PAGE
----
In the front lines, if somebody’s wounded, you’re interested in keeping him alive. So you worry about his breathing, his bleeding and what else? Breathing, bleeding and there was another B. I can’t remember. But like if he’s not breathing, you try to get him breathing. And if he’s got like a wound in his chest, you know that’s a serious thing and it has to be stopped. So you try to cover it as best you can. Then you would get him on an ambulance and get him out of there or by stretcher bearer, depending on where you were. If you’re at the RAP, then you would be calling in a helicopter. And that’s one thing in Korea, they did have, they started using helicopters. It was a little Bell helicopter [Bell H-13 Sioux], carried two patients. But if you had a lot of casualties, like more than about five, because about five, you’re really hustling, you do the best you can with what you’ve got. And the best basically that you can do is practice good first aid. It’s like coming across a car injury, well, you don’t have a lot of kit to work with. You can’t start putting on tractions, so you do what you can and you get them the heck back to somebody that can help.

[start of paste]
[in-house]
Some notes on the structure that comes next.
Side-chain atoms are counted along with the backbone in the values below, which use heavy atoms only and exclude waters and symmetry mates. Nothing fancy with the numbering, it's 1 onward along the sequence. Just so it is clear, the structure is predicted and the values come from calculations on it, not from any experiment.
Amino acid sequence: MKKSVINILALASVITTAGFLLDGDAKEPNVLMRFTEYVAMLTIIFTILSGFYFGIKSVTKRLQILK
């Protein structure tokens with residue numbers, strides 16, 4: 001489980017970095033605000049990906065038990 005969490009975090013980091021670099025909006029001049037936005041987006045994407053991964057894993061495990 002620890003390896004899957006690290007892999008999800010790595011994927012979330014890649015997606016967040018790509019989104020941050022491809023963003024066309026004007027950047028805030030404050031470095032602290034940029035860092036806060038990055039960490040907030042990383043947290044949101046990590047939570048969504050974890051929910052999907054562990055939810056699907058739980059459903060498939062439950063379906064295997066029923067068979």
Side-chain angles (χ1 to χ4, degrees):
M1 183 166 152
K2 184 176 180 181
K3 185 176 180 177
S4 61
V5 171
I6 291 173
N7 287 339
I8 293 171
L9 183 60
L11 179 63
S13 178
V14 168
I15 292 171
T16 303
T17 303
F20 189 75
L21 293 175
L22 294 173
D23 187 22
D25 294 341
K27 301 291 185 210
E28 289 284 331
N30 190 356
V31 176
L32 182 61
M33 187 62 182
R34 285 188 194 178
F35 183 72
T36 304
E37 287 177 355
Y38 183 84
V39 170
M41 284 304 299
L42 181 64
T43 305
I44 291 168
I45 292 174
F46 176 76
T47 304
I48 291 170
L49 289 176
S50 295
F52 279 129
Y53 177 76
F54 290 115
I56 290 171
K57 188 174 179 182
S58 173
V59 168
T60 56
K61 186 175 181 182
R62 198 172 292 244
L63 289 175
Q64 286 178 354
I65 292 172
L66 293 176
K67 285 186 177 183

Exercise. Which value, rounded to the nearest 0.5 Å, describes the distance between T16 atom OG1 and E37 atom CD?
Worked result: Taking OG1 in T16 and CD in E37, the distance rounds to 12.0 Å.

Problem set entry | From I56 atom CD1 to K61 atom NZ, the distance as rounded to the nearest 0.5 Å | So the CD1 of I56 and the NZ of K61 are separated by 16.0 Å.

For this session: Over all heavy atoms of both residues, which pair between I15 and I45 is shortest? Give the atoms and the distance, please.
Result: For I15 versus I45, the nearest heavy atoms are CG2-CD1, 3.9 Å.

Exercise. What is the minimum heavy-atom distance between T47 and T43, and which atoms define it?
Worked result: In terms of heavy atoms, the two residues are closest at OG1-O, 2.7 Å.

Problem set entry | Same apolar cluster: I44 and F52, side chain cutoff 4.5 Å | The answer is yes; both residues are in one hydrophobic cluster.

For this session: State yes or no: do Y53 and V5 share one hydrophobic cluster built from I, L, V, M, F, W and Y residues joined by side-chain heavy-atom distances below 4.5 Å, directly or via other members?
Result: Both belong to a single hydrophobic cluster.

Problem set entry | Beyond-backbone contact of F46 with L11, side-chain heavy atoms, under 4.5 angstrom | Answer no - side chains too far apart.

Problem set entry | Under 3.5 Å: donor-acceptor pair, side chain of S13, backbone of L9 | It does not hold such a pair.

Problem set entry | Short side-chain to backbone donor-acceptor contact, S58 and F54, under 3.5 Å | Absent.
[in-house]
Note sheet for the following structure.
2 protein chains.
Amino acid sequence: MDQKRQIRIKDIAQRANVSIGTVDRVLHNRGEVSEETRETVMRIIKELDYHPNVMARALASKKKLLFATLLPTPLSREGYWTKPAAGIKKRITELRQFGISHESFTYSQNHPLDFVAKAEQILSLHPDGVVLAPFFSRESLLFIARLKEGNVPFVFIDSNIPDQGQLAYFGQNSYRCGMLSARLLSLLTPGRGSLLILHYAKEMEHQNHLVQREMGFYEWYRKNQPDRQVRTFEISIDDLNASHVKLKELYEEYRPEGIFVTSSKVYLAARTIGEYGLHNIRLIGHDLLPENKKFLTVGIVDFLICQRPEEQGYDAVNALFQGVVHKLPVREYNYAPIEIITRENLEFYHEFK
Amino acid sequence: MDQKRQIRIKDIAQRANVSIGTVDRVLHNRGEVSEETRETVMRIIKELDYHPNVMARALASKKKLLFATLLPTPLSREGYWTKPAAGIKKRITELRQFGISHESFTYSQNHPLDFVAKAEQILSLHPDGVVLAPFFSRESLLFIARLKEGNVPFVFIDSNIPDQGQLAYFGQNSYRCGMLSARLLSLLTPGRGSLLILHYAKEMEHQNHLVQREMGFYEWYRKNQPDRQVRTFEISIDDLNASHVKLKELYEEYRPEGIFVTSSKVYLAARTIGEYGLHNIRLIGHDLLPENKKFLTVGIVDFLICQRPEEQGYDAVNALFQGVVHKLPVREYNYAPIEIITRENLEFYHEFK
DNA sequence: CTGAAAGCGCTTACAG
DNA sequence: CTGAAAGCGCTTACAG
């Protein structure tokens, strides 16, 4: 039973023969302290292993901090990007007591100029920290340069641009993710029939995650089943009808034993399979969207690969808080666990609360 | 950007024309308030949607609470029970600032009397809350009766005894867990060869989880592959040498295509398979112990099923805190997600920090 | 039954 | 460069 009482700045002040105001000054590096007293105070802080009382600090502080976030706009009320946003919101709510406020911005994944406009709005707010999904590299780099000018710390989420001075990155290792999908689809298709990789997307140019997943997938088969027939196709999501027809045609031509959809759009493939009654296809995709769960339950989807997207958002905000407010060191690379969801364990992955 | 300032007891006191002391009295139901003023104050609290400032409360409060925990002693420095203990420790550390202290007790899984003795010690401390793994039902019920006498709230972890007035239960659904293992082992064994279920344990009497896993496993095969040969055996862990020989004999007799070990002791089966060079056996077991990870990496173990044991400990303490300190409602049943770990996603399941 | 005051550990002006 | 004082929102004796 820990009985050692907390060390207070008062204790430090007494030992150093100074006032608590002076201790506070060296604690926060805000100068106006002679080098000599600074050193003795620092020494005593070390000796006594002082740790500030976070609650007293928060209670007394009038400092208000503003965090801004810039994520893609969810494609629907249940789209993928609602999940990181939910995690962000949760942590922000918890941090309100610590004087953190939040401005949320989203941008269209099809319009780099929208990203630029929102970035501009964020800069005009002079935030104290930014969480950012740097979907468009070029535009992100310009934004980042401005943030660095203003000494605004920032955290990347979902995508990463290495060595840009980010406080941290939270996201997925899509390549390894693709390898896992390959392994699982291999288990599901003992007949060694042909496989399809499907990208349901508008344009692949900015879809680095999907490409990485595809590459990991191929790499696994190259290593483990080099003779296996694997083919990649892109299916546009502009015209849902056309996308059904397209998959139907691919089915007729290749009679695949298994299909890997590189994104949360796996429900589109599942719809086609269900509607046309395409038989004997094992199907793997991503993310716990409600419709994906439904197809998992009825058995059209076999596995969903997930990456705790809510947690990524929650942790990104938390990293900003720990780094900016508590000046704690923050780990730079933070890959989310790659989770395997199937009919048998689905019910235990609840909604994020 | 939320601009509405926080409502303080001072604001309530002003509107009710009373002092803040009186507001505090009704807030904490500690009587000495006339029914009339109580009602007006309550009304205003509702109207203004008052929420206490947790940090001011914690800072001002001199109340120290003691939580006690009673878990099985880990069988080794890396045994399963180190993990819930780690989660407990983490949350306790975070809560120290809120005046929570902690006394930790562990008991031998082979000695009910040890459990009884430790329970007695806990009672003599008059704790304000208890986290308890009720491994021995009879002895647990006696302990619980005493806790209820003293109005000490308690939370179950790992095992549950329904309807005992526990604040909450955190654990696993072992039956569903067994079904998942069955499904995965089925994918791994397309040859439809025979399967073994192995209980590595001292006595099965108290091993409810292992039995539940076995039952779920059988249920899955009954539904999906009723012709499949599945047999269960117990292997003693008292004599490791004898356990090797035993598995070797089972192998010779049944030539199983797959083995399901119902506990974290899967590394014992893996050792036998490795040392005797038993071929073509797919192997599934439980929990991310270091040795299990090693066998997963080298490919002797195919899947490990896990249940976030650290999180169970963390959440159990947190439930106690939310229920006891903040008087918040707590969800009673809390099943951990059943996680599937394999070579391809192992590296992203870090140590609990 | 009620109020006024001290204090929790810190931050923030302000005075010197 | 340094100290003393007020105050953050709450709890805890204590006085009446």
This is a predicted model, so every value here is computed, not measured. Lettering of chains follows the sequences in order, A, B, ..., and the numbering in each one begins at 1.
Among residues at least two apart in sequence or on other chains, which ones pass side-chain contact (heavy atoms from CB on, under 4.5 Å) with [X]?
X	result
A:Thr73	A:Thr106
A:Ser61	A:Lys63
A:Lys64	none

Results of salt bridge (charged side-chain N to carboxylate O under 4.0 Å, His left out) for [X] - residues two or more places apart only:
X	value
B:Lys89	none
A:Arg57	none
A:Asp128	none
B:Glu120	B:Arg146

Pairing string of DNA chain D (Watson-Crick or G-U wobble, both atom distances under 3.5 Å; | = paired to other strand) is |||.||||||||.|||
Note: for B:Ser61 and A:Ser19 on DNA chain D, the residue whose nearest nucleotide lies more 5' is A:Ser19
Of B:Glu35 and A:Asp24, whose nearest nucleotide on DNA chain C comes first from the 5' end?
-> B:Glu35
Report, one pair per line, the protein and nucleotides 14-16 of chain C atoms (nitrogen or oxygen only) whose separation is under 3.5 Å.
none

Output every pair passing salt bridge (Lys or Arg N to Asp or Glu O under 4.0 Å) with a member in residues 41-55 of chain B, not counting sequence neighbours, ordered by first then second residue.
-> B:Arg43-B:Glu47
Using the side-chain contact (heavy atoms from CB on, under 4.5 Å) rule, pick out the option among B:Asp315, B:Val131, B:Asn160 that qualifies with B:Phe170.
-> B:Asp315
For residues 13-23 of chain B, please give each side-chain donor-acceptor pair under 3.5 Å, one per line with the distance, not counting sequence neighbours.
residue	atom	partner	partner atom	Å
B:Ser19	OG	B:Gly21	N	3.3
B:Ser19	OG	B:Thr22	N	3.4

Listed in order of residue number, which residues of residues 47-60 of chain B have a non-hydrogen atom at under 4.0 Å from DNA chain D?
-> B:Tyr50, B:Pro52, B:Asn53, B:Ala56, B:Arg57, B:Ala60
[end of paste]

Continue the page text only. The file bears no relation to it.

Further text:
[Attack at Hill 187, 2 to 3 May 1953, fighting between enemy and A and C Companies of 3 Battalion, Royal Canadian Regiment] We were actually expecting an attack because May Day was the big celebration for the Chinese and communists I guess. So when it didn’t happen, at night, there was always complete stand to and then in the morning, complete stand to. And that means everybody goes out and gathers in the trenches and so you have 100 percent of your people out. Then during the nights, you just have your regular, the standard two hour duty or whatever it was, you take turns. So we had been sort of expecting something on the first and when that didn’t happen, and remember that we were new, we had just come into the line and, but I was with the RAP at that point in time. So I was down at battalion headquarters and the first thing that I knew that anything was going on was when the sky started lighting up like a, you know, and then you start hearing the noise and the shells. And so you know something’s going on. And so you start getting ready for casualties. And they started to arrive pretty quickly.